Iyengar, B. K. S.

(1918– )
   yoga teacher
   Bellur Krishnamachar Sundararaja Iyengar was born on December 14, 1918, in the small village of Bellur in the Kolar District of Karnataka state in India, during the worldwide influenza pandemic. His mother had an attack of influenza while car-rying and birthing Bellur. Both of them miracu-lously survived, but the child was left with a weak constitution, and he often suffered from malaria, typhoid, and tuberculosis.
   Bellur was the 11th of 13th children, 10 of whom survived. His schoolteacher father, Sri Krishnamachar, died of untreated appendicitis when Bellur was nine years old, leaving his family in a state of poverty. His mother, Sheshamma, was known to be simple, kind-hearted, and religious in a highly orthodox way. Bellur’s poor health and lack of financial resources affected his education. He struggled to stay well enough to pass exams and to collect funds to pay for his high school education.
   In 1934, at age 15, he went to live with his sis-ter in Mysore. His brother-in-law, the famous YOGI Sri T. Krishnamachar, was in need of someone to perform yoga ASANAS (postures) at the Yogashala, the school of yoga. Bellur was initiated into the GAYATRI MANTRA and began to learn yoga practice from his brother-in-law, which slowly helped him to overcome his maladies. He began to train students at the school and soon ended his formal education in order to devote his energy to yoga instruction. He won certificates in the elementary, intermediate, and advanced diploma courses in yoga.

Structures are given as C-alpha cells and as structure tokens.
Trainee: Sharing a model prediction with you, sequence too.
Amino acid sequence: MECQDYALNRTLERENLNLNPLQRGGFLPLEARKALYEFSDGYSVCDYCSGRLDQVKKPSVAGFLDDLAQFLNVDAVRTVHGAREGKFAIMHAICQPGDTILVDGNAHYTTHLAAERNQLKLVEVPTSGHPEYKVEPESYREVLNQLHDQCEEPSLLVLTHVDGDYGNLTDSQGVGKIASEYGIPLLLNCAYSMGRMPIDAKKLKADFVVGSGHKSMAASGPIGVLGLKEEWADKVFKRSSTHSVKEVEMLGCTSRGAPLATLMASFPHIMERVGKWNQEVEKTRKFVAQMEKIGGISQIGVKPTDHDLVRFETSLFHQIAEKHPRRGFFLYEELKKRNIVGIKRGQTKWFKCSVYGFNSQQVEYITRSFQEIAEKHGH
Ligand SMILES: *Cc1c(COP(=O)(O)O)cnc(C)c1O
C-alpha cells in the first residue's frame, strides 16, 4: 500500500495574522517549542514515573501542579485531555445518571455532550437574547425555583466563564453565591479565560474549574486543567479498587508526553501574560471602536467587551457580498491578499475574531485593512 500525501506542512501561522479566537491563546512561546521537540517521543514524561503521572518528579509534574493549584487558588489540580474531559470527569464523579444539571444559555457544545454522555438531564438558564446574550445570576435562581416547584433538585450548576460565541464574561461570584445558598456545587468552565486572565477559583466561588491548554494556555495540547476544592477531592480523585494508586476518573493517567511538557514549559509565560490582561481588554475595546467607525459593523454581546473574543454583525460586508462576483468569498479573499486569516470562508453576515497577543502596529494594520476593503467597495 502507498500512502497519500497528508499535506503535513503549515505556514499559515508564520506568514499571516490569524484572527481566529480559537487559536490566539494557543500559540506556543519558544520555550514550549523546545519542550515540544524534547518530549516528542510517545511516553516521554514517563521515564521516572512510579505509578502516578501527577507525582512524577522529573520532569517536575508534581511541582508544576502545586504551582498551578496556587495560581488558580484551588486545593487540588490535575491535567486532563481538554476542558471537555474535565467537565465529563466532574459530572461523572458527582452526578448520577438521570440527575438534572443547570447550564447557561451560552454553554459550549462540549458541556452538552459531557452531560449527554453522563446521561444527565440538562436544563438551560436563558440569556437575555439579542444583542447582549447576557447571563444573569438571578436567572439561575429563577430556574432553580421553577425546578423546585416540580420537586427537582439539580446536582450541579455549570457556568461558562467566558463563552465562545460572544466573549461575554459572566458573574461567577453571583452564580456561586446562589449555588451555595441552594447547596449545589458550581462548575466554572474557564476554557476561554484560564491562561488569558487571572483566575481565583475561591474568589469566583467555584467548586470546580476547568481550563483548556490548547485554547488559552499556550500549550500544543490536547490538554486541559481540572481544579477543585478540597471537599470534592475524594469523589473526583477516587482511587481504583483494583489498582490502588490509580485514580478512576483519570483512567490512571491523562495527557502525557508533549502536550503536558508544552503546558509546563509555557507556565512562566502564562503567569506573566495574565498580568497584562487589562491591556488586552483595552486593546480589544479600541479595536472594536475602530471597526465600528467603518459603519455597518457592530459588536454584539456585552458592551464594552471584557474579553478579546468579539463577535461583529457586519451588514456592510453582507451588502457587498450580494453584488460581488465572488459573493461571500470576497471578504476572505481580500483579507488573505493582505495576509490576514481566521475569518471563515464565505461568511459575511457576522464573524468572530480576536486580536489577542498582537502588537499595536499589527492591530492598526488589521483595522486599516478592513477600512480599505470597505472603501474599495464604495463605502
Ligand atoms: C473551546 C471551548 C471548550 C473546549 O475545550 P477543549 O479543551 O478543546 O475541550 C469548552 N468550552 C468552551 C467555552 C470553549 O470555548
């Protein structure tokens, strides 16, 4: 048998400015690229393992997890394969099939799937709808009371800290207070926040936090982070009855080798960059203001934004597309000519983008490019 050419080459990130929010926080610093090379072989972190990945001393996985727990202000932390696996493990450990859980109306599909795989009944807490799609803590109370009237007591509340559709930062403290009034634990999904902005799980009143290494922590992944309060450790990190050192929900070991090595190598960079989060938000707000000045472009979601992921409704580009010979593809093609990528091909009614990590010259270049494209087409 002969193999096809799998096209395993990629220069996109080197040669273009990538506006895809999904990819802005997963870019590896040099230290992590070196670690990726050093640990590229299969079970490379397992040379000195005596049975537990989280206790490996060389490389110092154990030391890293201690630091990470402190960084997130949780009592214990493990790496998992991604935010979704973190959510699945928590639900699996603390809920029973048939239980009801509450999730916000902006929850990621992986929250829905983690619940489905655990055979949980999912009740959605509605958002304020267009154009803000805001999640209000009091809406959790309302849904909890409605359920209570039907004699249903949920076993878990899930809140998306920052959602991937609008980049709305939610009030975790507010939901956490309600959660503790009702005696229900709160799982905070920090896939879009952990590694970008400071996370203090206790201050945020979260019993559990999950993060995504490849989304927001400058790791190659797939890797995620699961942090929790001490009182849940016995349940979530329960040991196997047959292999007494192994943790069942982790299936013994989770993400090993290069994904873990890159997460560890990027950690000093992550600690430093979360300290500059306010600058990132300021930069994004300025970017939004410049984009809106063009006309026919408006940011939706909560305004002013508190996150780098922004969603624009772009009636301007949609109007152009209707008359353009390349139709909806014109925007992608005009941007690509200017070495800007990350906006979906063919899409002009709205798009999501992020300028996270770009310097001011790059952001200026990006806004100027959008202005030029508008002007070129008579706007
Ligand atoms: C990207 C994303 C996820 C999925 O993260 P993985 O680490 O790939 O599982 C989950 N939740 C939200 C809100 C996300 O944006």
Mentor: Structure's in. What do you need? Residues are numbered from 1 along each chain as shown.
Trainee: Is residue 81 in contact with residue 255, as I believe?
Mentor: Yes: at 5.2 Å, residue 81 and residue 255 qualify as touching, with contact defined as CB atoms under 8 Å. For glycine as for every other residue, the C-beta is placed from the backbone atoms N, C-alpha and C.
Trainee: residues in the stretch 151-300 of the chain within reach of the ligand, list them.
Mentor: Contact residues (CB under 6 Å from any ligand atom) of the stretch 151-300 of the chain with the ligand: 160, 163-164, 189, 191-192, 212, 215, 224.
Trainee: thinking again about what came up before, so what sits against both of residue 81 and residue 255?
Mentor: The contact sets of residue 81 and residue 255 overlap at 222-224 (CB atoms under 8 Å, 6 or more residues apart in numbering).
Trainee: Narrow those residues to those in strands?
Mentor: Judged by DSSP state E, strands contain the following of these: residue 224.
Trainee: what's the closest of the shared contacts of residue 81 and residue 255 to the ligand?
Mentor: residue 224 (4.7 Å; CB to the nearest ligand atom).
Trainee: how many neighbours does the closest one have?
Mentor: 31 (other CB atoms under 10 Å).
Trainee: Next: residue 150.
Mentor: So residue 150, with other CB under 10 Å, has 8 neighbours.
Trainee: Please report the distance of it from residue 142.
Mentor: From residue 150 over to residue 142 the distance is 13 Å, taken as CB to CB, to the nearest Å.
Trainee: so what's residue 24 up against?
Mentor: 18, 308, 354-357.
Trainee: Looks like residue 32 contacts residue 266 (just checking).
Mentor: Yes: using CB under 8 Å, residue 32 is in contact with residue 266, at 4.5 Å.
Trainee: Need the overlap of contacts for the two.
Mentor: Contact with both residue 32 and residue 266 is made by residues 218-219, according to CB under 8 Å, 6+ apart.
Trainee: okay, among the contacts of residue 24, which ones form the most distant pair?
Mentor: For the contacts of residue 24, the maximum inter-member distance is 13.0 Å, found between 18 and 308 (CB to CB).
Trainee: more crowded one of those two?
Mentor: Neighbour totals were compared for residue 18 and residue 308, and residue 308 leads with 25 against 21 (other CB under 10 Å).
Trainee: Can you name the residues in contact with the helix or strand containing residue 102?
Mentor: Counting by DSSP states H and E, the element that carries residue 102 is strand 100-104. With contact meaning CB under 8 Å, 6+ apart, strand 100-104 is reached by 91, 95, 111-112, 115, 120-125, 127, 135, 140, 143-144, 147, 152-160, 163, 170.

In 1937, Krishnamachar sent the young Bellur to Pune, India, to teach yoga. His commitment to a disciplined practice grew, as did his conviction not to publicize or beg for work or recommenda-tions. He was devoted to living a yogic life as long as God willed.
   In 1943, Iyengar married Ramamani; they had five daughters and one son. Although the 1950s continued to be financially challenging, Iyengar began to have contact with eminent personalities, such as the spiritual leader J. KRISHNAMURTI, the freedom fighter Jayaprakash Narayan, Achyut Patwardhan (commandant of the National Defense Academy), Prime Minis-ter Nehru, and the violinist Yehudi Menuhin. Iyengar trained Menuhin in yoga, which helped him to have better control over his violin. This special friendship, begun in 1952, continued over time and gained Iyengar great respect in the West. From the 1960s onward, Iyengar traveled abroad regularly to train students and perform demonstrations.
   In 1975, Iyengar opened the Ramamani Iyen-gar Memorial Yoga Institute (RIMYI) in Pune, named after his wife. His eldest daughter, Geeta, and son, Prashant, are actively involved in teach-ing yoga there.
   Iyengar has based his teachings on the tradi-tional eight limbs of yoga as presented in the YOGA SUTRAS by PATANJALI, written over 2,500 years ago. His first book, Light on Yoga, explains Patanjali’s philosophy while introducing Iyengar’s emphasis on body, mind, and spirit integration. This work, first published in 1966, has been translated into 18 languages.
   Today, Iyengar is known to be one of the most influential yoga practitioners in the world.
   Further reading: B. K. S. Iyengar, Light on Life: The Yoga Journey to Wholeness, Inner Peace, and Ultimate Freedom (Emmaus, Pa.: Rodale, 2005); ———, Light on Yoga (New York: Schocken Books, 1979); ———, Yoga: The Path to Holistic Health (London: Dorling Kindersley, 2001); B. K. S. Iyengar and 60th Birthday Celebration Committee, Iyengar: His Life and Work (Porthill, Idaho: Timeless Books, 1987).

Encyclopedia of Hinduism. . 2007.

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